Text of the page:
The Stone of Unction is a particularly revered place within the Church of the Holy Sepulchre in Jerusalem. Here, directly behind the entrance, pilgrims commemorate the anointing of Jesus’ body after he was taken down from the cross, John 19:39-40
THE STONE OF UNCTION.
In the description of the Church of the Holy Sepulchre, it was mentioned that the “Stone of Unction” was the first object of homage which meets the pilgrims on their entrance, and that it always attracts a large concourse, who exhibit the strong extravagances of foreign feeling and gesture. It is a long slab of polished white marble; but this is admitted to be only a covering for the true stone, to protect it from the casualties to which all relics were subject during the sway of the unbelievers.
The Turks, however, looking upon the whole ceremonial as an advantageous source of revenue, and an inducement for strangers to visit the city, seldom interfere, but to prevent tumult; and whether their toleration results from contempt or policy, it is practically complete.
The monks say that the stone, of which this marble is the cover, is the one on which the body of our Lord was laid, when given to Joseph of Arimathea and Nicodemus, and by them anointed for sepulture. It has as largely shared the general decoration of this sumptuous dome, as it does the homage of the pilgrims.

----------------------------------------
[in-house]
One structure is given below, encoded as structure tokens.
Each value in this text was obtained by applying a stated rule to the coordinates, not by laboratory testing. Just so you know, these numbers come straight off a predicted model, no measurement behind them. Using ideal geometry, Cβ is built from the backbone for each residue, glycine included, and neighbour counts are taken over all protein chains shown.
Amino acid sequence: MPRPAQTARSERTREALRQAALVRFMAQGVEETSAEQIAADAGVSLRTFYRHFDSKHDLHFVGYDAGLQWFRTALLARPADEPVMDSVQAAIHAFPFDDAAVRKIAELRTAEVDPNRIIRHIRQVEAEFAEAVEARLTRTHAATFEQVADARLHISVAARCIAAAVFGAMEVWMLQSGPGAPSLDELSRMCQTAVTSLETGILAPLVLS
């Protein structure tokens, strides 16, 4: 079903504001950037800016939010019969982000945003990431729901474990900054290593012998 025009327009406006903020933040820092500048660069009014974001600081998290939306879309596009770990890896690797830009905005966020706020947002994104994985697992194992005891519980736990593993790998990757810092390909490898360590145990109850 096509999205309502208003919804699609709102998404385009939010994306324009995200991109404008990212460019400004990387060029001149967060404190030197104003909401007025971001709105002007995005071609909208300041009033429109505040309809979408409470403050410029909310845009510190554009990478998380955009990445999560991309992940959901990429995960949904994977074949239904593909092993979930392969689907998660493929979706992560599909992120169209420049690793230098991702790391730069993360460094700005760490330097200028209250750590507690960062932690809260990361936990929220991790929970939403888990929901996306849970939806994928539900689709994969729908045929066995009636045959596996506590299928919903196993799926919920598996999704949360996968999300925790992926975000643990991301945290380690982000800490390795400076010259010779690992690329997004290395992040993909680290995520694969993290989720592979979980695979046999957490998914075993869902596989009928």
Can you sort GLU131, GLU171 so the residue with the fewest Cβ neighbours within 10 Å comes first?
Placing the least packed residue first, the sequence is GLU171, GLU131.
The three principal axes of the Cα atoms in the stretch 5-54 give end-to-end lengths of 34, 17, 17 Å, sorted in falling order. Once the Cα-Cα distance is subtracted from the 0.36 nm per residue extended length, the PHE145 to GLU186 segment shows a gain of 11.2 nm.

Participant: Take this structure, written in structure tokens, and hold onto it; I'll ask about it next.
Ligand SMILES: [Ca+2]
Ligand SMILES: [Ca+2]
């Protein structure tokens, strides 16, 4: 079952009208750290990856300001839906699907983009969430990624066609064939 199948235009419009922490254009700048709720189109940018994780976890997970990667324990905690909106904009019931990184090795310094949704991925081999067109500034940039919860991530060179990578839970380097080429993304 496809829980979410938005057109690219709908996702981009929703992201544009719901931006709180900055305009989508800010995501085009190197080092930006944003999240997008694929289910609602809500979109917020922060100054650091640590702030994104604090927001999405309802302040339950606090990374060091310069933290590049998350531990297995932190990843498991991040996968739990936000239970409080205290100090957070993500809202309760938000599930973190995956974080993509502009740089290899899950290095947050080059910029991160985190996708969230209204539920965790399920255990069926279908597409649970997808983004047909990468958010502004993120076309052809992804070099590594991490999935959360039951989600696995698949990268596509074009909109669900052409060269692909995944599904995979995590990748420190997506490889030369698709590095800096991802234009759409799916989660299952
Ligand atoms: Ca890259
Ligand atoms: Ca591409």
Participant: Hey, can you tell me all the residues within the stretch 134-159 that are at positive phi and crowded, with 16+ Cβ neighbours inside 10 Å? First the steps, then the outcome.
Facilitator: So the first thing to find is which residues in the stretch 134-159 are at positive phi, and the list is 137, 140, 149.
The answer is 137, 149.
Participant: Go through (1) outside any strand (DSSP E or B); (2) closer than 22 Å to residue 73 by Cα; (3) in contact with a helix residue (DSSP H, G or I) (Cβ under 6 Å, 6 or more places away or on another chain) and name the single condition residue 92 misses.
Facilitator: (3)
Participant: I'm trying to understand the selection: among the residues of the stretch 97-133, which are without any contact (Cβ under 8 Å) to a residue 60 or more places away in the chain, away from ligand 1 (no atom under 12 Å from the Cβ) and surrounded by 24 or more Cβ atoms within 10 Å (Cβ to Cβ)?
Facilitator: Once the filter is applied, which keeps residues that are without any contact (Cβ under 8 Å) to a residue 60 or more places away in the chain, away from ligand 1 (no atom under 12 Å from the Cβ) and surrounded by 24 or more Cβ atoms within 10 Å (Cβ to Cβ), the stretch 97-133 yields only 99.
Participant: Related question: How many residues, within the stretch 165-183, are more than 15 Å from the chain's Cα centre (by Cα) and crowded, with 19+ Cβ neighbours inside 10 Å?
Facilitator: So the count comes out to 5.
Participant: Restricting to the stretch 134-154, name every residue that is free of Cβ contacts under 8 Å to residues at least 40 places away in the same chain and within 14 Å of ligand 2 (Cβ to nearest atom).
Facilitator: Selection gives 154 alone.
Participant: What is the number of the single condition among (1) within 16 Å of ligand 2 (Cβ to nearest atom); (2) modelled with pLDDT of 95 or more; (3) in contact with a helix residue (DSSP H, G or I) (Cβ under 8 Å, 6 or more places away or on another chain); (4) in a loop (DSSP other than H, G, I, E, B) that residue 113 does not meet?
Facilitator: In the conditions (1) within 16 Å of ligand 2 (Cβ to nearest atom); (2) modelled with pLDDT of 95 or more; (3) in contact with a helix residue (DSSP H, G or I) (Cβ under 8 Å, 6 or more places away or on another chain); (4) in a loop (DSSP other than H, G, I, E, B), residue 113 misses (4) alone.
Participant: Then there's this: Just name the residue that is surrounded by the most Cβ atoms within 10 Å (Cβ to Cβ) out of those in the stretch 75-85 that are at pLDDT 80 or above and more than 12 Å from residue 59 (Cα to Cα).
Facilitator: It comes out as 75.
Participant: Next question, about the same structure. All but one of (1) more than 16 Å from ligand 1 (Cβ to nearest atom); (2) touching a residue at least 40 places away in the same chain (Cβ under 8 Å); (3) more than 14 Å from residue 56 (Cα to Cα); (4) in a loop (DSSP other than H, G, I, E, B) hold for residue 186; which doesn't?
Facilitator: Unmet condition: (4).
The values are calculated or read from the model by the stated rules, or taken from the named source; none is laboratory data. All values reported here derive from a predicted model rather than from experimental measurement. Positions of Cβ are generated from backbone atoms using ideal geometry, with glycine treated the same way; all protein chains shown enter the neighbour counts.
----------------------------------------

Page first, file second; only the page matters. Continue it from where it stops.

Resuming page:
Having at each end three enormous wax candles upwards of twenty feet high, and with the light of a number of lamps poured upon it from above, it forms a striking centre for the first gathering of those picturesque and enthusiastic groups. The lamps are silver, and some of them of rich and curious workmanship, the gifts of the Greek, Latin, and Armenian convents, or of royal and noble devotees.
Source: The Holy Land, Syria, Idumea, Arabia, Egypt, & Nubia, by David Roberts, George Croly, William Brockedon. London: Lithographed, printed and published by Day & Son, lithographers to the Queen. Cate Street, Lincoln’s Inn Fields, 1855.
The Fabric of Civilization: How Textiles Made the World Paperback – December 7, 2021
by Virginia Postrel (Author)
From Neanderthal string to 3D knitting, an “expansive” global history that highlights “how textiles truly changed the world” (Wall Street Journal)